I was impressed by the hate-filled speech of one of the Ferguson cops (who had something like 35 years on the force). He seemed to have no doubt whatsoever about his opinions, most of which seemed quite irrational to this observer. How could any intelligent person believe what he apparently believes? Sure, intelligent people can be hateful. But this officer's ideas didn't seem to even make superficial sense.
I ran across something that might be a clue to this conundrum: If you're very intelligent, you literally are not allowed to be a cop! At least in certain locales in the U.S.:
Jordan, a 49-year-old college graduate, took the exam in 1996 and scored 33 points, the equivalent of an IQ of 125. But New London police interviewed only candidates who scored 20 to 27, on the theory that those who scored too high could get bored with police work and leave soon after undergoing costly training.
The average score nationally for police officers is 21 to 22, the equivalent of an IQ of 104, or just a little above average.
Jordan alleged his rejection from the police force was discrimination. He sued the city, saying his civil rights were violated because he was denied equal protection under the law.
But the U.S. District Court found that New London had 'shown a rational basis for the policy.' In a ruling dated Aug. 23, the 2nd Circuit agreed. The court said the policy might be unwise but was a rational way to reduce job turnover.
"Might be unwise"… I must say that I agree with that comment.
It seems a bit politically incorrect to even mention that this is going on in at least some places. But, it is going on, and ignoring potential problems doesn't make them go away.
Police officers have situations of life and death in their hands every day. And they have to examine the evidence around them to determine what actions to take, and sometimes the correct choice is not obvious. There are many personal characteristics a person can have that will help in such situations. Even-temperedness, compassion, and other components of “emotional intelligence” are important.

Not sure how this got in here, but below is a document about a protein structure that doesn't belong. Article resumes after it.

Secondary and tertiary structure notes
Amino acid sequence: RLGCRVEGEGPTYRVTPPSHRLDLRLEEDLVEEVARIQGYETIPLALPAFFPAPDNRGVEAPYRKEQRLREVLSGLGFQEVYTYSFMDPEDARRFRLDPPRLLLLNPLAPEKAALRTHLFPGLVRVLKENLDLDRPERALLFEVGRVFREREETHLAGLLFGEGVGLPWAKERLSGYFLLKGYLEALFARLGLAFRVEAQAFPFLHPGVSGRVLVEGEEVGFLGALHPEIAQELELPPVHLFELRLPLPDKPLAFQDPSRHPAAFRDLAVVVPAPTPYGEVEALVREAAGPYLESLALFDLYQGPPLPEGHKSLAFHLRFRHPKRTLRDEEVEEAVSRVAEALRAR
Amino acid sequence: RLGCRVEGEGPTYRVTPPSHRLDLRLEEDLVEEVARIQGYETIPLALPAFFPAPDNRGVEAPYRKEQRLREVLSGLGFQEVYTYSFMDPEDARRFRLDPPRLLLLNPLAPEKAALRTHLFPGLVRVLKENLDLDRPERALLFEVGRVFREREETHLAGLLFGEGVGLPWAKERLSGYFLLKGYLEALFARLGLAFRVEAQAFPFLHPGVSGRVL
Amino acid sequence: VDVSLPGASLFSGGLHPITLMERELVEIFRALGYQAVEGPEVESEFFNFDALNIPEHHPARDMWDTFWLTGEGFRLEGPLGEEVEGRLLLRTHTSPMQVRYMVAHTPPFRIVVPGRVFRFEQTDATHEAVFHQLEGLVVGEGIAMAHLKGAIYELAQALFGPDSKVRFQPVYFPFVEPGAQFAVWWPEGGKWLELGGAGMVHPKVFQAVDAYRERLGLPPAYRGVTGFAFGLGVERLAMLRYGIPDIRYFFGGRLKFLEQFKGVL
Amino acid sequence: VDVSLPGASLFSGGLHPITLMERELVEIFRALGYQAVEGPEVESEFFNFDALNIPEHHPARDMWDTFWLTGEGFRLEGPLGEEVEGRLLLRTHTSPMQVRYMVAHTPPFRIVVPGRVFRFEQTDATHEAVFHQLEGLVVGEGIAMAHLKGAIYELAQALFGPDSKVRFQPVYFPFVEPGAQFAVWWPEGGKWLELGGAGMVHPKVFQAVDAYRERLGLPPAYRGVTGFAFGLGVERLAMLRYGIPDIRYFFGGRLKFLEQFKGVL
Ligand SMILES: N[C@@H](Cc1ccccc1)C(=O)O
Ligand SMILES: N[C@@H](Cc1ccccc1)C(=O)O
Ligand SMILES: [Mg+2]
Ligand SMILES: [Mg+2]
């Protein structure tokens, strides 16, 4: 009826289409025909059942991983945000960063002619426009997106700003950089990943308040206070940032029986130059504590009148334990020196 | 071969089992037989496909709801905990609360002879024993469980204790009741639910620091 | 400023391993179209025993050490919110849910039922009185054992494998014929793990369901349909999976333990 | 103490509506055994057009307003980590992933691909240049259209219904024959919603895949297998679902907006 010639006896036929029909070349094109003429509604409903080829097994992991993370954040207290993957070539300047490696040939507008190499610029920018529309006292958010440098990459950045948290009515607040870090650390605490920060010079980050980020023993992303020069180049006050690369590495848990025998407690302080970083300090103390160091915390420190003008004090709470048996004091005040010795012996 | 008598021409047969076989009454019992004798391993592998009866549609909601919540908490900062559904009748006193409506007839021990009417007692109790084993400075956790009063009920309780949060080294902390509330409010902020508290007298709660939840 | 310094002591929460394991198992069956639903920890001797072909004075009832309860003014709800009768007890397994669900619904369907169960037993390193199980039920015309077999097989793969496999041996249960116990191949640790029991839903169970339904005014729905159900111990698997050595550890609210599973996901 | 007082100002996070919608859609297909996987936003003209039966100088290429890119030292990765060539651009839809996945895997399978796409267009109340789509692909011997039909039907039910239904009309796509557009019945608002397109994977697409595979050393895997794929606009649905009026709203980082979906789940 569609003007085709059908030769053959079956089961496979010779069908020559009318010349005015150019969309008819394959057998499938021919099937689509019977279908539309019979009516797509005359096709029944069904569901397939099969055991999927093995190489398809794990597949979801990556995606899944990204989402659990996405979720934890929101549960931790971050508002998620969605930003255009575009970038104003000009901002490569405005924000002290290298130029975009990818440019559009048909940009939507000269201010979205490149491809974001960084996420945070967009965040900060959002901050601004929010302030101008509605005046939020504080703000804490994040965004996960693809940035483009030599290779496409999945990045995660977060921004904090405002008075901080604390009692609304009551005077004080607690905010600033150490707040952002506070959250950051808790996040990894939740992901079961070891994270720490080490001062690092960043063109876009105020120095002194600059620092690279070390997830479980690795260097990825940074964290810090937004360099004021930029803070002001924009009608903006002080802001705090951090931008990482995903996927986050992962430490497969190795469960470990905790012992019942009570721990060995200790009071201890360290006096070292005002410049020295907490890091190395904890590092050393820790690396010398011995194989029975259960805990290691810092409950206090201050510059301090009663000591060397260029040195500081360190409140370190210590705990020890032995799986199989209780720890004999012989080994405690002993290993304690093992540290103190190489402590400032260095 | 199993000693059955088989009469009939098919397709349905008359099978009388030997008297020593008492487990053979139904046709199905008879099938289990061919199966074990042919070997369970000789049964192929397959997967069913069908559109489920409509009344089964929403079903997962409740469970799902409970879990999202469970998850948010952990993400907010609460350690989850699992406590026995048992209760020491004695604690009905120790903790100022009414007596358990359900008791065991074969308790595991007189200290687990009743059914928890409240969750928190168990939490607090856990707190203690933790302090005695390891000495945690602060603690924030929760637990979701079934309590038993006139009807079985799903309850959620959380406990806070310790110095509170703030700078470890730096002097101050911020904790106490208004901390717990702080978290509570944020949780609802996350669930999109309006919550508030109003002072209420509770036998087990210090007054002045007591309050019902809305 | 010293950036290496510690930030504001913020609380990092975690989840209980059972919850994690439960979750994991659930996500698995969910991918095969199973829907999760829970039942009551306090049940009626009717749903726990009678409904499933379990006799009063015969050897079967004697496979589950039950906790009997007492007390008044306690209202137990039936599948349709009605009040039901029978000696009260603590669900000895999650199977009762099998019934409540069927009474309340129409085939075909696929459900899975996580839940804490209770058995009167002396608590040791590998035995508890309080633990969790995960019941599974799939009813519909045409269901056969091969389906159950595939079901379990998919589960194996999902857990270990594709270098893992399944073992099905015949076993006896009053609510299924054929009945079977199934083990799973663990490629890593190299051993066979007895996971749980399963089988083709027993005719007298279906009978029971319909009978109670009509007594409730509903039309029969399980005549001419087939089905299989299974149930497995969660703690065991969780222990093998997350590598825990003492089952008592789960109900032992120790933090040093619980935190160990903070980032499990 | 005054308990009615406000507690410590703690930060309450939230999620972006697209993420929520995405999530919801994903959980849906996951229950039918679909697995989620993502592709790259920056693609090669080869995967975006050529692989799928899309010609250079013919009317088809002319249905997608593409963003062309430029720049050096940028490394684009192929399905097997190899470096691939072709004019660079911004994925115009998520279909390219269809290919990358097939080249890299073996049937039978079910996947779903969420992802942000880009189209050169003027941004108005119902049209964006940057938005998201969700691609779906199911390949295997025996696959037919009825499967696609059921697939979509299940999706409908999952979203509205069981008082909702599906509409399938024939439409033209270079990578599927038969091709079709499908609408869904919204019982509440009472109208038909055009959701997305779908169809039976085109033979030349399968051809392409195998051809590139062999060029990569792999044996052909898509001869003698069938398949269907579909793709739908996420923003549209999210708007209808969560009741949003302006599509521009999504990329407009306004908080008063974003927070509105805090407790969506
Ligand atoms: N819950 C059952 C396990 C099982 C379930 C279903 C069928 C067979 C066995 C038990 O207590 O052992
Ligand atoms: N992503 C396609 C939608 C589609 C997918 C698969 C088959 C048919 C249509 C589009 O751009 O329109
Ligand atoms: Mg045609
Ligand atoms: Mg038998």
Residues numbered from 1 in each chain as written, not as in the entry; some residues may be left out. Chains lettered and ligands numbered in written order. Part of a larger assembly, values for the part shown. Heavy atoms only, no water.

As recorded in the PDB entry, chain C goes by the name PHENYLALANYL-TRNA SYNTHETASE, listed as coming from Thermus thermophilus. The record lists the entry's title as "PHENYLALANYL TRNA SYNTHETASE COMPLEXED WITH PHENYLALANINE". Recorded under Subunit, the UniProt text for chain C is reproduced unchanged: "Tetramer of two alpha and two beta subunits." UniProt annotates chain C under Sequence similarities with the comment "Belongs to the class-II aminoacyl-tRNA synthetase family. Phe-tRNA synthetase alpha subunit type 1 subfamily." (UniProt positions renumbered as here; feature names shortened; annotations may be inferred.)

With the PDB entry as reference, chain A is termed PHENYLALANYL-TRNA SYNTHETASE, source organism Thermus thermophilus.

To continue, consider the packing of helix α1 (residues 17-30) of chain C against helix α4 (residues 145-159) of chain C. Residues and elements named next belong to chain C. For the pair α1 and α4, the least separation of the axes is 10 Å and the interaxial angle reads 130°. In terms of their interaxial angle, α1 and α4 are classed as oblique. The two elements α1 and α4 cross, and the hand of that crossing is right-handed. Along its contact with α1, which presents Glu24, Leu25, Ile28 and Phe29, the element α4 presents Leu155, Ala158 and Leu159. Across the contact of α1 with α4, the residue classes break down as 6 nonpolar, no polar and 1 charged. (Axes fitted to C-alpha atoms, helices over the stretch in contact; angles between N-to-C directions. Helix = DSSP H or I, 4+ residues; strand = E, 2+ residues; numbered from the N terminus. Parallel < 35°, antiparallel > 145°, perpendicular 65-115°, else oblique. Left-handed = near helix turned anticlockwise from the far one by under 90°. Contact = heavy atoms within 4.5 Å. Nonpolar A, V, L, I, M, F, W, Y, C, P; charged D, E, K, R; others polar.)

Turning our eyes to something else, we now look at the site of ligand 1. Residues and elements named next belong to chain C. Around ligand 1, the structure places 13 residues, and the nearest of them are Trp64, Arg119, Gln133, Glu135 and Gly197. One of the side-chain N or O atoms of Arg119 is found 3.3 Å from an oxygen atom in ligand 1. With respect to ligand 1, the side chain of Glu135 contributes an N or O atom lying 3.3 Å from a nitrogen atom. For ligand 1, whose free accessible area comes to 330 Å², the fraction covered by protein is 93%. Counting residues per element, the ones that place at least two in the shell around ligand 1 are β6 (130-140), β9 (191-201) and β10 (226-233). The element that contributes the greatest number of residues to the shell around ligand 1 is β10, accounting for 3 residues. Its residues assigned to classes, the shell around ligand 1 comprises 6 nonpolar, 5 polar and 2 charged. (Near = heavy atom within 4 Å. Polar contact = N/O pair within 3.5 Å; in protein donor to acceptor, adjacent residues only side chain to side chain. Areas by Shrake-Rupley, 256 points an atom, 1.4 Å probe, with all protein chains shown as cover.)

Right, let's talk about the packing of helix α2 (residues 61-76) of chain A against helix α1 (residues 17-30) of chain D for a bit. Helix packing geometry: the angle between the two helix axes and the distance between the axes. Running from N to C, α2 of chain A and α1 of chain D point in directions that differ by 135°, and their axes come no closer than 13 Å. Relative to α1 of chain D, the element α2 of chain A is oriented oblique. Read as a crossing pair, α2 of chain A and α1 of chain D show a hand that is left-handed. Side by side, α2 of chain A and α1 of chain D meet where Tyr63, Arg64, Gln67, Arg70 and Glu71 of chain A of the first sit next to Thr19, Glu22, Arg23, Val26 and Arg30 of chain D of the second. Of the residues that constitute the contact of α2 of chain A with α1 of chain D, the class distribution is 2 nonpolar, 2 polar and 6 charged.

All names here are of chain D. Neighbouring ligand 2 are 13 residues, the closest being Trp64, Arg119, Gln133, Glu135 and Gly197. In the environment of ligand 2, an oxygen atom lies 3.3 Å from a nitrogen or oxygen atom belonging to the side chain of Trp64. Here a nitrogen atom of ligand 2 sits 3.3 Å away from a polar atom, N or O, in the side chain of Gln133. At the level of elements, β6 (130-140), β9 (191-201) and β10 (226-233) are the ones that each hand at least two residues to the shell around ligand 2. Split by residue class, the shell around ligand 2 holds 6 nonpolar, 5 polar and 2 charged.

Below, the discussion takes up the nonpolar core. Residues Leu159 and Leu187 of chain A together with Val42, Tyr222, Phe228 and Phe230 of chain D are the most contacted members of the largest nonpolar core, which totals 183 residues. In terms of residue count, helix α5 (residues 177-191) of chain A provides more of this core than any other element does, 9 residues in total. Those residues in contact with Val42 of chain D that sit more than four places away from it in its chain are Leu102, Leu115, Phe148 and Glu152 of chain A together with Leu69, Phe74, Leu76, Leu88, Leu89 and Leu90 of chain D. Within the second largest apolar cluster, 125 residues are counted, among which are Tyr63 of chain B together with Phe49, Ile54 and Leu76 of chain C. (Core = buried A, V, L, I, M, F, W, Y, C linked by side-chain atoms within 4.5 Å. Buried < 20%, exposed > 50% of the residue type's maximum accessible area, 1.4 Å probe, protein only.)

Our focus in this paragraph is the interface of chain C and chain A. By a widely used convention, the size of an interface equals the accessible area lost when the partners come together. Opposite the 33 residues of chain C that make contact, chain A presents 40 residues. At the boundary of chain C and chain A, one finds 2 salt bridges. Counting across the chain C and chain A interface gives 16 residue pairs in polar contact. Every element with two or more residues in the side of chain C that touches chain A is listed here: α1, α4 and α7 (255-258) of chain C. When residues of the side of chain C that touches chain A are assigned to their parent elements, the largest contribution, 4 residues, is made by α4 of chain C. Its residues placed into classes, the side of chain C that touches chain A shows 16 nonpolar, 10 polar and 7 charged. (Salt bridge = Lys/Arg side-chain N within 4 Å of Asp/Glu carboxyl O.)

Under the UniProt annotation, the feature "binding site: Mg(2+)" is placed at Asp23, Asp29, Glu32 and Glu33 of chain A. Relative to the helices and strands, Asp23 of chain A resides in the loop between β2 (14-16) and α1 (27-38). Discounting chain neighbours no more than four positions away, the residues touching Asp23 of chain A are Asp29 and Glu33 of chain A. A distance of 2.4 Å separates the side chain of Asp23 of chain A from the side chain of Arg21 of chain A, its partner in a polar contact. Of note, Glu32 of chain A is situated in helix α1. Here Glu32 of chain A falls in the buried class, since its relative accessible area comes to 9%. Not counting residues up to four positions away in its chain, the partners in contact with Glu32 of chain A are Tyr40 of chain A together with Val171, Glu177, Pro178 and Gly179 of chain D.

But old-fashioned IQ seems like it would be important as well. On IQ tests, you’re presented with some information and are asked to draw correct inferences. A police officer has to do exactly that when confronted with evidence. And, often, in order to be safe or to keep someone else safe, he must be able to draw those correct inferences exceedingly quickly.
And, I must also suspect that IQ is helpful with self-critical abilities -- the abilities necessary to consider whether one's own upbringing-based assumptions, often including assumptions about the inferiority of other ethnic groups, might be problematic in some way.
I'm not sure how tightly police force IQ's cluster around 104, but it may be that almost half of police in New London have an IQ below the population average. I don’t know whether similar rules exist elsewhere, but if an explicit rule exists in New London, one can easily imagine that the same situation exists implicitly in many locations without such rules. That would seem to make the situation of something like 6 bullets pumped into an unarmed kid seem a bit more potentially understandable. (Although, of course, in Ferguson, the officer in question may have had a very high IQ combined with a completely callous attitude. The point of this post isn’t to explain what happened at Ferguson. It's to point out a potential problem in police hiring practices.)
A friend suggested to me that the police force is probably largely self-selecting anyway, so laws like the one discussed above probably don't matter very much. But my response is that if that's true, we should raise taxes a little bit to pay officers more so there are more higher-IQ candidates to choose from.
Because, I don't know about you, but if I were in the position of that kid in Ferguson, I wouldn't want the decision whether or not to kill me to be made by someone of below-average intelligence. I'd want that decision to be made someone who has greater than average skills at making correct, rational inferences.